<span class="mw-page-title-main">Figure-eight loop</span> Type of knot

Figure-eight loop is a type of knot created by a loop on the bight. It is used in climbing and caving.

The Flemish loop or figure-eight loop is perhaps stronger than the loop knot. Neither of these knots is used at sea, as they are hard to untie. In hooking a tackle to any of the loops, if the loop is long enough it is better to arrange the rope as a cat's paw.

<span class="mw-page-title-main">Zeppelin bend</span> Bend knot

A Zeppelin bend is an end-to-end joining knot formed by two symmetrically interlinked overhand knots. It is stable, secure, and highly resistant to jamming. It is also resistant to the effects of slack shaking and cyclic loading.

<span class="mw-page-title-main">Double bowline</span>

A double bowline is a type of loop knot. Instead of the single turn of the regular bowline, the double bowline uses a round turn. This forms a more secure loop than a standard bowline.

<span class="mw-page-title-main">Climbing harness</span>

A climbing harness is a device which allows a climber access to the safety of a rope. It is used in rock and ice climbing, abseiling, and lowering; this is in contrast to other activities requiring ropes for access or safety such as industrial rope work, construction, and rescue and recovery, which use safety harnesses instead.

<span class="mw-page-title-main">Heaving line bend</span>

The heaving line bend is a knot for securely joining two ropes of different diameter or rigidity. It is often used to affix playing strings to the thick silk eyes of an anchorage knot in some stringed instruments. In nautical use, the heaving line bend is used to connect a lighter messenger line to a hawser when mooring ships. It is knot number 1463 in The Ashley Book of Knots, and appeared in the 1916 Swedish knot manual Om Knutar.

<span class="mw-page-title-main">Sheet bend</span> Type of knot

The sheet bend is a bend. It is practical for joining lines of different diameter or rigidity.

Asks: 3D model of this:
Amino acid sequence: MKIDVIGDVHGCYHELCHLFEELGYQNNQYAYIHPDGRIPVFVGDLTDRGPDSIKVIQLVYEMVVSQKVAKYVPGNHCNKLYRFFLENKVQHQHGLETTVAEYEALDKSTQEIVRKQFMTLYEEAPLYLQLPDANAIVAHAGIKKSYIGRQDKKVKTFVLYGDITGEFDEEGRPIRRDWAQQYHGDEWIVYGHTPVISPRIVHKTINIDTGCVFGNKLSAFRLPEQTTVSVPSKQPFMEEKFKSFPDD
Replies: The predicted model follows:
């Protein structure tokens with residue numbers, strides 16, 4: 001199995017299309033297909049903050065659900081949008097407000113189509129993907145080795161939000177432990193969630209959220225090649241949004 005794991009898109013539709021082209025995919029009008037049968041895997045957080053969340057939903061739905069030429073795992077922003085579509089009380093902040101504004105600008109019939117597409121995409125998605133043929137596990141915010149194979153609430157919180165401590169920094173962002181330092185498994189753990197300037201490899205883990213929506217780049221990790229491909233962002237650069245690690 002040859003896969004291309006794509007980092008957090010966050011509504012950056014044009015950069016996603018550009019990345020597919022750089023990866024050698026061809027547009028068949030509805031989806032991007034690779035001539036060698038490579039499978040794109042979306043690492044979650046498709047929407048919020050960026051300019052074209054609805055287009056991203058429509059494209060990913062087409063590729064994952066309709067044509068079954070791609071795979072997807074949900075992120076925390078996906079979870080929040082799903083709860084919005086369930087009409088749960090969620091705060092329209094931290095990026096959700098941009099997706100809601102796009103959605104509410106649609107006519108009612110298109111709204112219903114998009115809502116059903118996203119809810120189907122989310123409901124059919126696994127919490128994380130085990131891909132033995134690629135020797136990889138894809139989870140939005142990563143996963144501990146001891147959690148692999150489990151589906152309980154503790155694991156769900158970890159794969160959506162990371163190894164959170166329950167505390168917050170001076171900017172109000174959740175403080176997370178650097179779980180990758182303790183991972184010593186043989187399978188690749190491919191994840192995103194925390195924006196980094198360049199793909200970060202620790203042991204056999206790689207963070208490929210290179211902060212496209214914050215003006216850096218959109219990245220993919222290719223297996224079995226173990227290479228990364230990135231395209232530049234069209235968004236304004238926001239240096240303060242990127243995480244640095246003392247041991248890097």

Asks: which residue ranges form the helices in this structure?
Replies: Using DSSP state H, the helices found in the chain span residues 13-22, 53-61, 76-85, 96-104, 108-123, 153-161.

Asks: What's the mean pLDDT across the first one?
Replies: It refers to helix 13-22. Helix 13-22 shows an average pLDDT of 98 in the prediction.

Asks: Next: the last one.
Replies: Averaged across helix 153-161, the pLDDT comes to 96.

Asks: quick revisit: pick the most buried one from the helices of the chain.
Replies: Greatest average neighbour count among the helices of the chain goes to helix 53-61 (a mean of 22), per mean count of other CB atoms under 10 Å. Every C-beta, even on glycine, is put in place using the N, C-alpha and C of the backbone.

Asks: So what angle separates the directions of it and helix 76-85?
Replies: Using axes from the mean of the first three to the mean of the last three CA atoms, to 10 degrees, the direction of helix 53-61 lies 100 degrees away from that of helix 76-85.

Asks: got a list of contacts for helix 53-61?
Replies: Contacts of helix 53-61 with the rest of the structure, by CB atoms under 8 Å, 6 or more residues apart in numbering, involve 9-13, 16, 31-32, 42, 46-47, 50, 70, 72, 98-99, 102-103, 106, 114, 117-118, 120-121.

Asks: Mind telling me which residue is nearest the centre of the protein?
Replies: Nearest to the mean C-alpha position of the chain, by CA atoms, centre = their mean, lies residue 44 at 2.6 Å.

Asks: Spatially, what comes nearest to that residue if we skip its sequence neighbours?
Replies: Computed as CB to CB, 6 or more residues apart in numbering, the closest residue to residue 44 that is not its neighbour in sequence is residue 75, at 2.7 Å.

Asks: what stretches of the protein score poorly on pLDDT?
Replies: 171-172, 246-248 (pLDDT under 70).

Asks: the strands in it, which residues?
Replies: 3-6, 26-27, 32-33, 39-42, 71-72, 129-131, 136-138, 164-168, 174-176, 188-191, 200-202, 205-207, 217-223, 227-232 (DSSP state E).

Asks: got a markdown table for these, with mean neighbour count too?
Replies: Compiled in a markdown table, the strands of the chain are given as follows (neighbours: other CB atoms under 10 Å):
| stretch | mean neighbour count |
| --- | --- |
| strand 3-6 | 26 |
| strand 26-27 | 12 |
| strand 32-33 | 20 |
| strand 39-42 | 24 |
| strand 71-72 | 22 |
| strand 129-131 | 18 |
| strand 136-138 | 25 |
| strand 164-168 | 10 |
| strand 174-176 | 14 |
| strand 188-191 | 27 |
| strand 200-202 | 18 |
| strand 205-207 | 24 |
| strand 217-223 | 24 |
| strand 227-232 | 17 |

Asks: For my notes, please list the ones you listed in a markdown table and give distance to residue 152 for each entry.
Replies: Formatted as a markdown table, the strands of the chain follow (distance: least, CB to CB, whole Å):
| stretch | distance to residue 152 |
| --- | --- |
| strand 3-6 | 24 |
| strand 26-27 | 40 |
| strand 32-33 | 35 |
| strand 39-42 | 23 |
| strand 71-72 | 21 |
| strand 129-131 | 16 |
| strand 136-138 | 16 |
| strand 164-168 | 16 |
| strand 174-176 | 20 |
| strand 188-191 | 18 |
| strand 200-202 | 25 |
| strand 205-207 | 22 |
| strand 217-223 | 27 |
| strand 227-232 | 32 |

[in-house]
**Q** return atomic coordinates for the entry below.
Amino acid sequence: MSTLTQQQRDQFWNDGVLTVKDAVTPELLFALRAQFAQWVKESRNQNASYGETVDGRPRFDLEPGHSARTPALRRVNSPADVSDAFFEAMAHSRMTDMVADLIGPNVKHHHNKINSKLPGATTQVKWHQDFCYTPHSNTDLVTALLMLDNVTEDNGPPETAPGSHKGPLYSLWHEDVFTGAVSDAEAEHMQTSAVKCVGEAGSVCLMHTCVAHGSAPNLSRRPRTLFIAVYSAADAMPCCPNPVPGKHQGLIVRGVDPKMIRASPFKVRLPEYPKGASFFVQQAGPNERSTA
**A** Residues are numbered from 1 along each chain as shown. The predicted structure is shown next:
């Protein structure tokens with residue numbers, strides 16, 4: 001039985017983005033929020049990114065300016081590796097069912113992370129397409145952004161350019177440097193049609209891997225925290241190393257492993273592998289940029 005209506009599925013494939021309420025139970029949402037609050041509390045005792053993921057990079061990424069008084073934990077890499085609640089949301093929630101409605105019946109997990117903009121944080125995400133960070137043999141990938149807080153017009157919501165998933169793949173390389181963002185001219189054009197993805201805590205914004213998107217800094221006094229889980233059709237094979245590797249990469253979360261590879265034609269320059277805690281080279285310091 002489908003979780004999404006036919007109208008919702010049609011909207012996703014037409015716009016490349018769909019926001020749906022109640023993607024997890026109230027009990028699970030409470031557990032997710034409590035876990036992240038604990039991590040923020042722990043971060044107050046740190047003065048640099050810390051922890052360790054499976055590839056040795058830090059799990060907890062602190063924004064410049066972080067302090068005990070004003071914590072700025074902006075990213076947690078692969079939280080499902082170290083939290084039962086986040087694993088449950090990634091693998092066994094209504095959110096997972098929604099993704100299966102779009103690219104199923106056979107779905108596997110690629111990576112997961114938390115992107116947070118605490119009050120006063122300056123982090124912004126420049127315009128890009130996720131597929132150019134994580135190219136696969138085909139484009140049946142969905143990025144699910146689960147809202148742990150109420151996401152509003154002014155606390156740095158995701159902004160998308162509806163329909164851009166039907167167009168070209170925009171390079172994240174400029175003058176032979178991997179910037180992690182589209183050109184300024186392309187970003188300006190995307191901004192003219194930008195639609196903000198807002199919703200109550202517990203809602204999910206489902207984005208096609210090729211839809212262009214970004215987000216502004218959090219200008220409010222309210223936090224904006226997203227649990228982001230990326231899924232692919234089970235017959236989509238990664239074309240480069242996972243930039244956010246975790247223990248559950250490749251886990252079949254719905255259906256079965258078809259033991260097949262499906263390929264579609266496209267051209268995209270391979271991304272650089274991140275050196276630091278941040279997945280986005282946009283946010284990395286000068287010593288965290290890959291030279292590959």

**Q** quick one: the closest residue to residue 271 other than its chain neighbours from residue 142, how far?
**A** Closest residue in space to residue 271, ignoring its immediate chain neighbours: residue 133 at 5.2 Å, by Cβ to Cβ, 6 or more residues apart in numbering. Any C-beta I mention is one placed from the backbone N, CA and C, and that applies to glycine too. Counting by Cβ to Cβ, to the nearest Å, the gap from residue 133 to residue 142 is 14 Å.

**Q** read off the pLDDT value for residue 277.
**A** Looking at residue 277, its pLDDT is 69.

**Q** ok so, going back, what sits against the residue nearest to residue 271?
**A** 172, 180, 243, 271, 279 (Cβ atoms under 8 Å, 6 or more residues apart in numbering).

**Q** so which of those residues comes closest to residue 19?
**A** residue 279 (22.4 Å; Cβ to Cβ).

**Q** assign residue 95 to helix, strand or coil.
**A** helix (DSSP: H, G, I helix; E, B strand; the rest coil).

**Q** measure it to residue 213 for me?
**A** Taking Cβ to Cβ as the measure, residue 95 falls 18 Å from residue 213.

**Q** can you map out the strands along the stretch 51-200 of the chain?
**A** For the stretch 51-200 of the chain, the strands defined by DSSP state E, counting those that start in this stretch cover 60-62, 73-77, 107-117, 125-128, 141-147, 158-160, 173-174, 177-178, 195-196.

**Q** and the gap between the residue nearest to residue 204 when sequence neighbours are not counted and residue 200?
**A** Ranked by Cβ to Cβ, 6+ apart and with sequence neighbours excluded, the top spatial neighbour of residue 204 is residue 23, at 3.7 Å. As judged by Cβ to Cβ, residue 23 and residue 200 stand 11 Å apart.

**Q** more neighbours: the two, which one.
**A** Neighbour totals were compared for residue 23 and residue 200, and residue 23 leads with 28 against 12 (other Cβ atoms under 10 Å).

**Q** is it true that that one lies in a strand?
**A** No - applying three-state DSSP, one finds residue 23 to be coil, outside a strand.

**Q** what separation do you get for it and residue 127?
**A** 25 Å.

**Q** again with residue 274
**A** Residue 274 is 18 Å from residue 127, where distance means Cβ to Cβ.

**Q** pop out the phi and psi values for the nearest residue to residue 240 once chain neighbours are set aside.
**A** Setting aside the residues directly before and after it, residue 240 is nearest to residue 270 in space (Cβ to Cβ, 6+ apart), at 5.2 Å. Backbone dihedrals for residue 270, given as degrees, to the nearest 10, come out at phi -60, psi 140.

Stopper knot Knot that forms a fixed thicker point to prevent unreeving

A stopper knot is a knot that creates a fixed thicker point on an otherwise-uniform thickness rope for the purpose of preventing the rope, at that point, from slipping through a narrow passage, such as a hole in a block. To pass a rope through a block, or hole, is to reeve it. To pull it out is to unreeve it. Stopper knots prevent the rope from unreeving on its own.

<span class="mw-page-title-main">Halter hitch</span> Type of knot

The halter hitch is a type of knot used to connect a rope to an object. As the name implies, an animal's lead rope, attached to its halter, may be tied to a post or hitching rail with this knot. The benefit of the halter hitch is that it can be easily released by pulling on one end of the rope, even if it is under tension. Some sources show the knot being finished with the free end running through the slipped loop to prevent it from working loose or being untied by a clever animal, still allowing easy but not instant untying.

<span class="mw-page-title-main">Yosemite bowline</span> Loop knot often perceived as having better security than a bowline

A Yosemite bowline is a loop knot often perceived as having better security than a bowline. If the knot is not dressed correctly, it can potentially collapse into a noose, however testing reveals this alternative configuration to be strong and safe as a climbing tie-in.

<span class="mw-page-title-main">Bight (knot)</span>

In knot tying, a bight is a curved section or slack part between the two ends of a rope, string, or yarn. A knot that can be tied using only the bight of a rope, without access to the ends, is described as in the bight. The term "bight" is also used in a more specific way when describing Turk's head knots, indicating how many repetitions of braiding are made in the circuit of a given knot.

<span class="mw-page-title-main">Harness bend</span> Bend knot for joining ropes

The harness knot is a general purpose bend knot used to join two ropes together. The knot can be tied under tension and will not capsize.

<span class="mw-page-title-main">Celtic button knot</span> Type of knot

A Celtic button knot is a stopper knot on a single rope that results in a spherical decorative knot with hair braid / basket weave pattern. It is essentially a single strand Turk's Head Knot that is structured such a way that it is effectively tied around the rope itself, creating a stopper. It typically is used as a button, or as a knot securing the end of the rope from fraying.

References

  1. Ashley, Clifford W. (1944), The Ashley Book of Knots, New York: Doubleday, p. 199